When Ebrahim Patel took up the mantle of the newly formed economic development department in 2009, the former union leader was an unknown quantity. Also unknown was the reason for the department’s creation, which was speculated at the time as a gesture to Jacob Zuma’s labour allies for aiding him in ousting Thabo Mbeki as president.
This issue has dogged Patel’s tenure. Critics have argued that his department’s functions duplicate others’, particularly those of the department of trade and industry. But proponents of his department believe the sprawling trade and industry department desperately needed streamlining, and it has been argued that its work and that of its reporting entities have produced more economic returns during its lifetime, than they have cost the fiscus.
Despite this fault line, Patel has left his mark on the portfolio. Described as exceptionally hard-working and knowledgeable, his department’s performance and that of the entities that report to him have outshone many others in government.
Since 2012, it has consistently received unqualified audits, although these have come with findings, according to the parliamentary portfolio committee’s budget review and recommendation report. In its latest annual report, however, it succeeded in achieving a clean audit with no findings.
Patel’s perfectionism has meant he demands much from his officials. Although this may sound like a breath of fresh air to taxpayers, it has also meant the position of director general in the department has been vacant since the 2014-2015 financial year and the current acting director general is the third in a row.
The ministry’s view, however, has been that skills needed by a director general have changed as the department established itself and its mandate evolved, and the short-term contracts with acting director generals has not limited the economic development department from achieving all its key performance indicators in the last five years.
The entities that report to Patel include the Industrial Development Corporation (IDC), the Competition Commission and the Competition Tribunal.
The IDC has reported a clean audit in its latest financials, although its impairment rate on loans has risen to 17%, driven largely by losses on its investment in Scaw Metals and fertilizer producer Foskor. These investments were aimed at saving jobs and retaining industrial capacity in South Africa. But both have been costly for the state and, critics say, are emblematic of why state intervention (Patel’s preference) does not always work.
But the IDC has increased the value of its funding approvals by 9% to R16.7-billion and has also saved or created almost 30 000 jobs.
Although the Competition Commission received an unqualified audit, the auditor general wrapped it over the knuckles for irregular expenditure of almost R129-million.
The commission has increased its use of a private law firm, Ndzabandzaba Attorneys (led by a former head of the cartels division), since 2015. Of a total of 44 cases referred to seven external firms, 31 went to Ndzabandzaba Attorneys, according to replies to parliamentary questions. The commission has denied any wrongdoing, and advised Patel that the pool of law firms with competition law experience are limited and often act for private clients against the commission. The minister has initiated a broader inquiry into the effectiveness of the competition authorities, which will also include the issues raised by the auditor general.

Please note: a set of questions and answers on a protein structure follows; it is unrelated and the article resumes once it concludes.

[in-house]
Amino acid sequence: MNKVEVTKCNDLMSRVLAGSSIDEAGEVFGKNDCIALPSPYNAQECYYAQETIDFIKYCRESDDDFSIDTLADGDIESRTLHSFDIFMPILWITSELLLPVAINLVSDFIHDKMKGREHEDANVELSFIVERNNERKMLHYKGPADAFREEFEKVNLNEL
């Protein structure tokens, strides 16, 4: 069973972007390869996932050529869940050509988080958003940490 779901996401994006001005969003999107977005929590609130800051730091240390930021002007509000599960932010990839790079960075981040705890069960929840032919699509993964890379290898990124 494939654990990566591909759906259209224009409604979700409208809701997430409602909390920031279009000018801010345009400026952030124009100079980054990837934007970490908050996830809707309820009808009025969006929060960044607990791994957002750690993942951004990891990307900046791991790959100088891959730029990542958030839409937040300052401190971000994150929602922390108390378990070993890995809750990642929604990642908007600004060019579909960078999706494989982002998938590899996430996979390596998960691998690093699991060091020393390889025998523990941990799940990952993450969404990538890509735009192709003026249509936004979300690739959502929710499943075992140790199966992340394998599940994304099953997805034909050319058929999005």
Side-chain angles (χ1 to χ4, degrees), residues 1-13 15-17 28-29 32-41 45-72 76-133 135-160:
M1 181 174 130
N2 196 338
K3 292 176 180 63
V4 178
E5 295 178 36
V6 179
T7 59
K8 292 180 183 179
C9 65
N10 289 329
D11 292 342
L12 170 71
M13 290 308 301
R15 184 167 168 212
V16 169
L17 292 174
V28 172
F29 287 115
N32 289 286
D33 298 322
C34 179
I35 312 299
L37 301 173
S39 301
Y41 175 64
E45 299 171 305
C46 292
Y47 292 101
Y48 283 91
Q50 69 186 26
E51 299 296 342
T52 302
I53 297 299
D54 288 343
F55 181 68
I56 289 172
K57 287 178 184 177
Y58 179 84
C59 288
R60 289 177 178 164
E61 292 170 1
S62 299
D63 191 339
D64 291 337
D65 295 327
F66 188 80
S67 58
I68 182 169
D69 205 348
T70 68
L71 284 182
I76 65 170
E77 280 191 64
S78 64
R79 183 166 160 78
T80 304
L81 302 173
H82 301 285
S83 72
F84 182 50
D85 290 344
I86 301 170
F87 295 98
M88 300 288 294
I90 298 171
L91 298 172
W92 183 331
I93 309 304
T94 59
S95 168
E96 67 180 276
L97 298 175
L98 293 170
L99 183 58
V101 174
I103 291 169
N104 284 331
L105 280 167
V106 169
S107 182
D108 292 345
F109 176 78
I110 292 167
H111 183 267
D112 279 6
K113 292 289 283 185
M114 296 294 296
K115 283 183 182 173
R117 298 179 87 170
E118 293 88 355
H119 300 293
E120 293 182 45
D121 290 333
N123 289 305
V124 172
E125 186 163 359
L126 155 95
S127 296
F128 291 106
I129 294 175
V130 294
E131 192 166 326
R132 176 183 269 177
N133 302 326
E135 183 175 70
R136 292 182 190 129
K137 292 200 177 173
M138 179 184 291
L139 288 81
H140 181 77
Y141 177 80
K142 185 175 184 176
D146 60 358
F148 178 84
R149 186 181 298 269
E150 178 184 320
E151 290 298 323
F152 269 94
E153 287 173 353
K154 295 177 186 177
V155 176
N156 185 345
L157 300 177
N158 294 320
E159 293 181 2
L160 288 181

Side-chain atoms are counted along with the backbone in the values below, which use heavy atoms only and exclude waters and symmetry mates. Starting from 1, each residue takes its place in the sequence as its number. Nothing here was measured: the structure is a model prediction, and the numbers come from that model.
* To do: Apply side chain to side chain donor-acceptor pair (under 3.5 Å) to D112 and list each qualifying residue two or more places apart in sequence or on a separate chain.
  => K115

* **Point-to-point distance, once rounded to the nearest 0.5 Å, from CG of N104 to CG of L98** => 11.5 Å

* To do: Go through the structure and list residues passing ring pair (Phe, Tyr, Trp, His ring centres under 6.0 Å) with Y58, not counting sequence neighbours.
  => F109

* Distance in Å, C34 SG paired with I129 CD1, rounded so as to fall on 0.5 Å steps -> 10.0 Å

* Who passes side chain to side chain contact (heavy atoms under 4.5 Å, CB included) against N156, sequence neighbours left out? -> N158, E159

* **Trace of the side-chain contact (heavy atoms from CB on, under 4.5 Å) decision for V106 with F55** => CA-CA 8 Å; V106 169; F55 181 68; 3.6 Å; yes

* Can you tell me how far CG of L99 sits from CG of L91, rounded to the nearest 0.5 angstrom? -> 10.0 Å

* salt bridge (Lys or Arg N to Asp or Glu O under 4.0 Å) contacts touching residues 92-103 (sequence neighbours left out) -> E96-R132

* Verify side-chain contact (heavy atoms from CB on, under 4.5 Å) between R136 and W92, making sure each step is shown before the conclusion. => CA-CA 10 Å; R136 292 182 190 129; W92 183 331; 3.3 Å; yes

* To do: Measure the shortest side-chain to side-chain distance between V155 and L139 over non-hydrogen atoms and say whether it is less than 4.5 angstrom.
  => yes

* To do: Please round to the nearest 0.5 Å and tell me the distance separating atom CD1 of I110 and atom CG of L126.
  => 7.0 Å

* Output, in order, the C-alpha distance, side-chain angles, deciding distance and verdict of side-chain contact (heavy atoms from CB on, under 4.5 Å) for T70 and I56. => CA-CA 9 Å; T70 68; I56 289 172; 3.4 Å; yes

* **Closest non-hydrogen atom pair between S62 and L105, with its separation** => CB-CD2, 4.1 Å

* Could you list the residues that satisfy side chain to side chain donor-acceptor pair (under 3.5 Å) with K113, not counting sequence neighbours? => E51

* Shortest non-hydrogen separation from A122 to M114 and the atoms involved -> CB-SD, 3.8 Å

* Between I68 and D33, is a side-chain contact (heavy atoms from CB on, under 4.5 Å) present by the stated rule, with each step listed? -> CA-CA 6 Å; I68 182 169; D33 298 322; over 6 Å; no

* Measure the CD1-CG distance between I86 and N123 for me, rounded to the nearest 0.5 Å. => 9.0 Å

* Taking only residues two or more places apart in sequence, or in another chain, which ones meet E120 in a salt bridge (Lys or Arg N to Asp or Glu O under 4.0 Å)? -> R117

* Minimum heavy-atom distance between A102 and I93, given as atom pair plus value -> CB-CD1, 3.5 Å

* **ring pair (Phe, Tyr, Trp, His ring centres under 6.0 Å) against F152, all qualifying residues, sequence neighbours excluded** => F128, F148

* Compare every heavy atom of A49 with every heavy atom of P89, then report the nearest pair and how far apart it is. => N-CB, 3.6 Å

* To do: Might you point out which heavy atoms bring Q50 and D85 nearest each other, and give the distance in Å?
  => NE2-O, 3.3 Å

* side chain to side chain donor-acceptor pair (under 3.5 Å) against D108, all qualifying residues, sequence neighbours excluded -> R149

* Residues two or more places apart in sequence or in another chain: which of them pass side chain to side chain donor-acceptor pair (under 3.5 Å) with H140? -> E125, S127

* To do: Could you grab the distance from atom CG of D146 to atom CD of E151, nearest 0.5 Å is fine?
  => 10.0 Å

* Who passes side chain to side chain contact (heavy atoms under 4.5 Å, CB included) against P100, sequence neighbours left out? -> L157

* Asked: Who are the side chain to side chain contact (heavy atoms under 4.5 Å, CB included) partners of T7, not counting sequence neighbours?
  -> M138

The work of the commission and that of the Competition Tribunal has nevertheless been a highlight for Patel. Since 2010, competition authorities have levied penalties or extracted financial concessions from businesses in major mergers amounting to more than R11-billion.
Patel has been involved in several mergers in the public interest.
Another key focus of his has been the passing of the Competition Amendment Bill, which aims to reduce concentration in the economy and barriers to entry for small black business. The Bill, after its introduction in the legislature earlier this year, has already made it to the president for signing.
But the breakneck pace with which it was processed has caused deep unease. Legal experts say too little time has been devoted to understanding the potential economic consequences of the Bill and there is concern about the complexity and cost of compliance. But the ministry has held that it went through extensive public engagement in the National Economic and Development Labour Council, along with the parliamentary process, and that the extent of the changes envisaged are those being contemplated in a world of growing global tech giants and rising inequality, and addresses South Africa’s challenges proportionately.
Patel was one of the first minister’s to confront state capture by, among others, pursuing the Gupta-linked Oakbay in court, over loans it received from the IDC to buy a stake in the Shiva Uranium mine.
Patel has also been among the first to attempt to quantify the costs of state capture through the work of the Presidential Infrastructure Co-ordinating Commission (PICC), with which he has been intimately involved.
With an expected restructuring of President Cyril Ramaphosa’s Cabinet after elections next year, it is not clear what the department’s future is. But the PICC is already a key element of Ramaphosa’s investment drive and it is expected, whatever the future Cabinet looks like, it may include Patel.